Understanding Exponents

When working with exponents, there are two new words that come up: exponent and base. As an example, in \(x^2\), 2 is the exponent while \(x\)is the base and in \(4^{12}\), 12 is the exponent while 4 is the base.

exponent-and-base

Table of contents:

  1. Whole number exponents are about multiplication
  2. Negative exponents
  3. Fractions as exponents
  4. Exponents on the calculator
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Whole number exponents are about multiplication

As long as the exponent is a positive whole number, you can think of it as telling you how many times you should multiply the base by itself.

 \(2^3=2\cdot2\cdot2=8\)
 \(x^3=x\cdot x\cdot x\)
 \(5^2=5\cdot5=25\)

As you can see,  \(4^{12}\) means “4 multiplied by itself 12 times” and that is a really big number. Many values that you calculate from exponents will be quite large.

There are a couple of things to note:

  • Anything with an exponent of zero is defined to be 1. So, \(4^{0}=1\), \(100^{0}=1\).
  • Ok right above, when I said anything, I meant “almost anything”. \(0^0\) is an indeterminate form. For everything else however, the rule above holds.
  • An exponent of 1 is the same as just writing the number by itself: \(4^{1}=4\).

Negative Exponents

Negative exponents are treated a bit differently. By definition, if we have a positive number \(n\) and a nonzero \(b\), then the following rule holds:

\(b^{-n} = \dfrac{1}{b^n}\)

Using this rule, if you see a value with a negative exponent, then it can be rewritten as 1 “over” that term with a positive exponent. Here are a few examples of how this works.

\(3^{-2} = \dfrac{1}{3^2} = \dfrac{1}{9}\)

\(10^{-1} = \dfrac{1}{10^1} = \dfrac{1}{10}\)

\((-2)^{-4} = \dfrac{1}{(-2)^4} = \dfrac{1}{16}\)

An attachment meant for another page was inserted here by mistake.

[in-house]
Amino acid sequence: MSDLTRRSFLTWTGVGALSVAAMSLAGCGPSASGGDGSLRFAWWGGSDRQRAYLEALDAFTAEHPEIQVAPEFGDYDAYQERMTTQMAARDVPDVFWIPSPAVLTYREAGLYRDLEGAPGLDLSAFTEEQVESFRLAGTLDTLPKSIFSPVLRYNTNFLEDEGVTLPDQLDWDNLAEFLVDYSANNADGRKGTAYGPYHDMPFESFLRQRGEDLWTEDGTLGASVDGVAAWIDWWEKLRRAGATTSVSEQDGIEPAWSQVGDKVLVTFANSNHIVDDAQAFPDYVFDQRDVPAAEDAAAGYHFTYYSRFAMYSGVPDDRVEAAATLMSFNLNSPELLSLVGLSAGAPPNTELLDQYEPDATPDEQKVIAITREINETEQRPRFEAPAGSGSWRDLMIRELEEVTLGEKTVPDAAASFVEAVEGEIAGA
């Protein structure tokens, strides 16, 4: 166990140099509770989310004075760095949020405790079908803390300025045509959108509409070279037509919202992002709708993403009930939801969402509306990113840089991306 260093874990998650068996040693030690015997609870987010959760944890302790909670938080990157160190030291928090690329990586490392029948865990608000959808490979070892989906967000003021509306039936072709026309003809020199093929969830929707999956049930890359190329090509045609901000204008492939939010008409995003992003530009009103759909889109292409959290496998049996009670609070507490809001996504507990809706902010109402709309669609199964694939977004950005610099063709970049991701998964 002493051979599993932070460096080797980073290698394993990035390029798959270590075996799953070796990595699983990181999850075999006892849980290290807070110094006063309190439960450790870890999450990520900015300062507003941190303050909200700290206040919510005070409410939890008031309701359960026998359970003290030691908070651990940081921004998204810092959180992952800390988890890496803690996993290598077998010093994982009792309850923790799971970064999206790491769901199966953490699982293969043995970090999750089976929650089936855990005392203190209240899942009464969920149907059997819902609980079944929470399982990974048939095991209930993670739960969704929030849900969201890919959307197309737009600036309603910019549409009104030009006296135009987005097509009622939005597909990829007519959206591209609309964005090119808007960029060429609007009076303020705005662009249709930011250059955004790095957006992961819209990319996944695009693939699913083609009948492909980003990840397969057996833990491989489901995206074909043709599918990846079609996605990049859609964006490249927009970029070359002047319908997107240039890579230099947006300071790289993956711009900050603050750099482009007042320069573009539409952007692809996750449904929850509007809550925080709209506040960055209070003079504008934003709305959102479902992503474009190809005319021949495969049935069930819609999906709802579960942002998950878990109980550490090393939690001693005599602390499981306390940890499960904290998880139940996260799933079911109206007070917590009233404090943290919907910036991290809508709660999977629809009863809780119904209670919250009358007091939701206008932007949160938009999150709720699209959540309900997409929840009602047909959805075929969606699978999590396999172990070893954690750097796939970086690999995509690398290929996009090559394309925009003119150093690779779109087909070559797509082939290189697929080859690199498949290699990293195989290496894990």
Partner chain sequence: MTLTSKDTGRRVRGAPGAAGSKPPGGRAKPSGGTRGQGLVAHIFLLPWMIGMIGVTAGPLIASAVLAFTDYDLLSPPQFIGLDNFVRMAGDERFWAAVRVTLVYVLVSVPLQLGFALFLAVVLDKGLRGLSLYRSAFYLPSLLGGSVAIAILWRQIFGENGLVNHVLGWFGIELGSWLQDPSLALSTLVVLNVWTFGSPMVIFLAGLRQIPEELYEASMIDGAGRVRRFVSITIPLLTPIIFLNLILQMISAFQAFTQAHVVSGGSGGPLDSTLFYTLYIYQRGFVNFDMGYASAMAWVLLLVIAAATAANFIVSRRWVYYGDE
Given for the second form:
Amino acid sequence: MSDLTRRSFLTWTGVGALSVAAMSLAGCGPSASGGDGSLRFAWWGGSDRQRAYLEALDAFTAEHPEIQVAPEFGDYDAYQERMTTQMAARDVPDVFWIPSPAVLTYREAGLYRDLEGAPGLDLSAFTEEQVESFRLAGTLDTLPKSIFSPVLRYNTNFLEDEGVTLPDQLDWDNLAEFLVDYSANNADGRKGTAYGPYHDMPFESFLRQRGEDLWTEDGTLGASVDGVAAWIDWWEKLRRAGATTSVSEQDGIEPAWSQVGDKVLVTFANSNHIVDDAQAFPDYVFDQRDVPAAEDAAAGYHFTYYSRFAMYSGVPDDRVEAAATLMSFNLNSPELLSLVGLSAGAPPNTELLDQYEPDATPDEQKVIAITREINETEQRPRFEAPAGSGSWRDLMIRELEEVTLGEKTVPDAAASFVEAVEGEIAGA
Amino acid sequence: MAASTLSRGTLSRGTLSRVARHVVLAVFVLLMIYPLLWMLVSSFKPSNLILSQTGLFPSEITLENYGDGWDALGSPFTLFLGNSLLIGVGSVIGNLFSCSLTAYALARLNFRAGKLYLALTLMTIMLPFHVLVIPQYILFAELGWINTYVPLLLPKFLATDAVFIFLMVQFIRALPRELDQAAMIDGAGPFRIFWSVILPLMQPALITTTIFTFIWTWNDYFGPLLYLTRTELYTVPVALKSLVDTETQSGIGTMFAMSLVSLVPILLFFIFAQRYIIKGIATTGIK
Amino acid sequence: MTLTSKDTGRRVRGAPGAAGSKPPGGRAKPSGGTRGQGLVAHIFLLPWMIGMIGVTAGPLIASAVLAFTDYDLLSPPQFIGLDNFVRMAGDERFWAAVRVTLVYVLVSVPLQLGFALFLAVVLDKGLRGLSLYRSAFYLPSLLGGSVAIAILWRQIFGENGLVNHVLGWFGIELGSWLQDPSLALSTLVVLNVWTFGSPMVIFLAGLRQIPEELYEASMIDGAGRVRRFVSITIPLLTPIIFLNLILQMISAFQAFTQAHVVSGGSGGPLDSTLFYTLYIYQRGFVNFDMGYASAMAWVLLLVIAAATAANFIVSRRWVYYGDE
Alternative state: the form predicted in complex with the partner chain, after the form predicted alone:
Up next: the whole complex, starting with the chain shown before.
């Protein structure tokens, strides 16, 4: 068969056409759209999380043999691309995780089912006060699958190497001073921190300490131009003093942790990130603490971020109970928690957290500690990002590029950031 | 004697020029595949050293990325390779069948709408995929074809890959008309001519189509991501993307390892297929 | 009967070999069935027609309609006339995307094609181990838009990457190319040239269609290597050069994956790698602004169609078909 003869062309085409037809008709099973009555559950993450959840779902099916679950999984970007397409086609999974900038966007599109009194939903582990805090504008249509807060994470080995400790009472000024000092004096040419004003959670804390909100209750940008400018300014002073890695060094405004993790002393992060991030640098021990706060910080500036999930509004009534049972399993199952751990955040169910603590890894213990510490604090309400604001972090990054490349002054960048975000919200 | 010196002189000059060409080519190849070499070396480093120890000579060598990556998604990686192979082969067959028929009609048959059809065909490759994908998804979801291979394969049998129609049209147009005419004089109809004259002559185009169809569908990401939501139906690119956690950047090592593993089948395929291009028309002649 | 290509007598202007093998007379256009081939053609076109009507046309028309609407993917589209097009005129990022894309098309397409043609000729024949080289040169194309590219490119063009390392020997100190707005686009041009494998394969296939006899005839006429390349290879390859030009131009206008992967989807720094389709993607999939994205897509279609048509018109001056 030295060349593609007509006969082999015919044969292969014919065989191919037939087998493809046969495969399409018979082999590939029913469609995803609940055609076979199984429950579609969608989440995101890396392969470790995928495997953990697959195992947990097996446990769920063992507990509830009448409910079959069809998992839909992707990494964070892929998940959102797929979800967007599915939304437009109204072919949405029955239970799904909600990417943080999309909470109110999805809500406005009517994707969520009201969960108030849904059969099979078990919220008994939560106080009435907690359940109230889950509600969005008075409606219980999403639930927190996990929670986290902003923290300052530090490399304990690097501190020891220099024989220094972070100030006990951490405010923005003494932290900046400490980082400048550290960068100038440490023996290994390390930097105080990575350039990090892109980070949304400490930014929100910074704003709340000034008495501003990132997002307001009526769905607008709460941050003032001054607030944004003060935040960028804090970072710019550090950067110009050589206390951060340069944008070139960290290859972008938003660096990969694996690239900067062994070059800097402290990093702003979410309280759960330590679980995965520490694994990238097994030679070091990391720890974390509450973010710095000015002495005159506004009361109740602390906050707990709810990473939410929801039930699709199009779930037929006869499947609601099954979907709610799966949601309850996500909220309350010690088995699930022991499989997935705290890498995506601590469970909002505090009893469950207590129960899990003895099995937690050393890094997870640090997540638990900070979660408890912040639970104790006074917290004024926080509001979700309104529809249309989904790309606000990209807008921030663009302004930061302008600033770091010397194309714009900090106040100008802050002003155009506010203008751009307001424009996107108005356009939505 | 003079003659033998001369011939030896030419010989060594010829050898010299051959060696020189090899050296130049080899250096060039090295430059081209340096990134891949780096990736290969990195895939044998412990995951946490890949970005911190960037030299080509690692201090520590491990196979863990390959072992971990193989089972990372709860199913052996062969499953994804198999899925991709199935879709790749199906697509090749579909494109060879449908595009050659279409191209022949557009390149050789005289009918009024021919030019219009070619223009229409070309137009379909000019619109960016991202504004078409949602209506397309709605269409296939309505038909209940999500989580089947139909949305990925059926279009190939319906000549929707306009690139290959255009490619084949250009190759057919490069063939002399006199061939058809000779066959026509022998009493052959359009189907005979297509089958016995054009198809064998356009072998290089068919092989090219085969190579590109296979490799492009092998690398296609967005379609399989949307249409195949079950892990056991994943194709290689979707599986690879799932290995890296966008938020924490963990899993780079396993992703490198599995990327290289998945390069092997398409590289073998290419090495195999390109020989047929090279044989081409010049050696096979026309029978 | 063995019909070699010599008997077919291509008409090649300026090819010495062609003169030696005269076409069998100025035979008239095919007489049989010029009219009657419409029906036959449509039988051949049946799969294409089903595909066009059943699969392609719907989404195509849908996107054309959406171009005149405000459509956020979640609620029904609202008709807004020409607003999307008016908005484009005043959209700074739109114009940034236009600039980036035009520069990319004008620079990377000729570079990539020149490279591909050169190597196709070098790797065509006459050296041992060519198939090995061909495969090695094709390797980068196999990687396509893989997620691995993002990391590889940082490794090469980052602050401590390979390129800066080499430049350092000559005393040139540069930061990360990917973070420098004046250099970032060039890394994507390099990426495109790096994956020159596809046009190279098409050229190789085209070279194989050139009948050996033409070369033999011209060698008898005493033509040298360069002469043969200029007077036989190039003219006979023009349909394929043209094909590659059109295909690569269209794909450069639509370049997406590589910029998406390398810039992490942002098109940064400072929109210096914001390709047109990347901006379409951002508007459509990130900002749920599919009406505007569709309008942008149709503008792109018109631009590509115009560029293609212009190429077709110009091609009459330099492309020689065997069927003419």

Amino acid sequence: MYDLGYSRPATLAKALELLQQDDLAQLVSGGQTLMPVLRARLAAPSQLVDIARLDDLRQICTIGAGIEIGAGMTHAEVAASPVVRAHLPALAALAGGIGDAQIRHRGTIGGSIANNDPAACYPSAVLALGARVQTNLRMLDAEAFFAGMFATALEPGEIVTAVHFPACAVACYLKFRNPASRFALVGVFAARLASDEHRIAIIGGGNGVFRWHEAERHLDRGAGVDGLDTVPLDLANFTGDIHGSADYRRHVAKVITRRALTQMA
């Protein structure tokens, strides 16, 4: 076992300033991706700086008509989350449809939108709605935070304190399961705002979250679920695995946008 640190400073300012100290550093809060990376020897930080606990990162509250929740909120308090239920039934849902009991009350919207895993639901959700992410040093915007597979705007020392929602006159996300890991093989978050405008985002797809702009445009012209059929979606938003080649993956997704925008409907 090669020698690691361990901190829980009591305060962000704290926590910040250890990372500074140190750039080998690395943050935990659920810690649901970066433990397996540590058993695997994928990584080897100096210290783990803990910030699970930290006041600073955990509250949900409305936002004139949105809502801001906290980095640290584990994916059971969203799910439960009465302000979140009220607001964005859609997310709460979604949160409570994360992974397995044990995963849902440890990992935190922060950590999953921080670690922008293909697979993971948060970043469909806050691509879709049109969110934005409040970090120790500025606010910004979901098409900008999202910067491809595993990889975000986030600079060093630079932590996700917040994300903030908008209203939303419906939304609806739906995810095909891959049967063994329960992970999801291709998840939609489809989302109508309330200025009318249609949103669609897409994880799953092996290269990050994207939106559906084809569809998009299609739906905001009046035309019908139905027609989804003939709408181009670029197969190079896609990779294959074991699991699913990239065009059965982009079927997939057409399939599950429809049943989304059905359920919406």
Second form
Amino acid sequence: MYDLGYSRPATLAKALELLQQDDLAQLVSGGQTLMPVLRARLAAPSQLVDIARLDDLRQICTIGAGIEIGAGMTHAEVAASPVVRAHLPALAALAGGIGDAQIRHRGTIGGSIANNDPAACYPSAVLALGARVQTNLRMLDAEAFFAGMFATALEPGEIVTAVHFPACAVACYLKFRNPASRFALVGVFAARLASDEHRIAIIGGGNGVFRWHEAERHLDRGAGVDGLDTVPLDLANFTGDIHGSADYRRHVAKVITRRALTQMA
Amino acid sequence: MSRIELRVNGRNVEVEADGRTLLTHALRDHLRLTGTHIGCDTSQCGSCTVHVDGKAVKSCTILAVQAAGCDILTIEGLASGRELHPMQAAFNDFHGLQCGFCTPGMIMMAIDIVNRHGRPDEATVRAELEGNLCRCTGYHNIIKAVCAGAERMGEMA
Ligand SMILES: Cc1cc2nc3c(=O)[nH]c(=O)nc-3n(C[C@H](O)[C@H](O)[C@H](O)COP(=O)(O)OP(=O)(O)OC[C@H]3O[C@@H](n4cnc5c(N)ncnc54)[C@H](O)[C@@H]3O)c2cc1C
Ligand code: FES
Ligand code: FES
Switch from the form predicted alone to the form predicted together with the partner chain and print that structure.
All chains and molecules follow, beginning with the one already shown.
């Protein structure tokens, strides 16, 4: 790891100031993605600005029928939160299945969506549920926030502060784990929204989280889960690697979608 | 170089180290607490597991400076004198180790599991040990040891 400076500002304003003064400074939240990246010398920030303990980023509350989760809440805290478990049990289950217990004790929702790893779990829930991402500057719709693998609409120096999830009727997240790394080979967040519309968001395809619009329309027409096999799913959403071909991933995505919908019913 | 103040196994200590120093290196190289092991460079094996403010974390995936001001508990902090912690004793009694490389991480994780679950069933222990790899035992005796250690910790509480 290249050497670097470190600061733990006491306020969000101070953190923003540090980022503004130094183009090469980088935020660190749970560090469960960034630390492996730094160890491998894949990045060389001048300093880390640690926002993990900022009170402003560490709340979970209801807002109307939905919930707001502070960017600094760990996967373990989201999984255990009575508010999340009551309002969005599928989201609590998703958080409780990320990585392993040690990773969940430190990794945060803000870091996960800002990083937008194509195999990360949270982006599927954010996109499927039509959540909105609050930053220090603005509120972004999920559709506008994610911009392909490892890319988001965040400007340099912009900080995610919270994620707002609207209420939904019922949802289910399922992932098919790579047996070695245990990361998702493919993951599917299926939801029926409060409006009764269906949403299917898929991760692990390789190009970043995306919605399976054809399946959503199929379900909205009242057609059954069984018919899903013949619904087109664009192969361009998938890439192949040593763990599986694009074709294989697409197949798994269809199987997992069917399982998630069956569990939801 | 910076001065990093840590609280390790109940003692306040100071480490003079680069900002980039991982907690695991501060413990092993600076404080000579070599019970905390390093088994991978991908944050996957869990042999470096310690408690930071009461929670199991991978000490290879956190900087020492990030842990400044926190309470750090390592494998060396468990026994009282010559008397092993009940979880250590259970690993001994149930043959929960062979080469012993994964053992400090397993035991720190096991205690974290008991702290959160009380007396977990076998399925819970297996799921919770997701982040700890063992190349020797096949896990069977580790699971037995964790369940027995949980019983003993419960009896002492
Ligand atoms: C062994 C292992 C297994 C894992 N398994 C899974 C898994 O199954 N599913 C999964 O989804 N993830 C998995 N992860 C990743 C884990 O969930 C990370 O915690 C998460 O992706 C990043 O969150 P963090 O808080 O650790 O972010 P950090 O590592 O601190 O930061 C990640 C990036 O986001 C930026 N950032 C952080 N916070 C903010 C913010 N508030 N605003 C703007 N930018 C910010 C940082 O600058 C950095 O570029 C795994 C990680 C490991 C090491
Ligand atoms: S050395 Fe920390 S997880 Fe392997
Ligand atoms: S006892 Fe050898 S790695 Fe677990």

As you can see, it is simply about following the formula when dealing with negative exponents. After this, you can simply calculate the value using the rules above.

Fractions as exponents

In algebra and more advanced math, it is very common to see an exponent of one-half or some other fraction. This is one way to represent terms involving roots, or radical terms. By definition (if n is nonzero):

\(b^{\frac{m}{n}}= \sqrt[n]{b^m}\)

Working with these types of terms (radical terms) is a more advanced topic and will be the subject of a different article, but it is important that you be able to rewrite such terms using the definition as below.

\(3^{\frac{1}{2}}=\sqrt{3^1}=\sqrt{3}\)

\(4^{\frac{2}{3}}=\sqrt[3]{4^2} = \sqrt[3]{16}\)

As you study terms involving exponents, you will find that you need to combine rules quite often. For example, the rule above can be combined with the rule for negative exponents to simplify even more complex expressions.

Using a Calculator

Finding the value of terms with exponents on scientific or graphing calculators is quite easy. The usual key you will need will use a carat symbol ^ to represent that the next number is an exponent. So, \(3^4\) can be represented as 3^4 in most calculators. On the TI83 or TI84:

exponent-on-calculator

screenshot-exponent-calculator

You can also always use the carat symbol on google (just type it into google! they now do automatic calculations for you) or wolfram alpha.

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Additional Reading

As you continue studying exponents, you will also want to review the order of operations. This lesson will show you how to handle expressions that have exponents, multiplication, and other operations all together.

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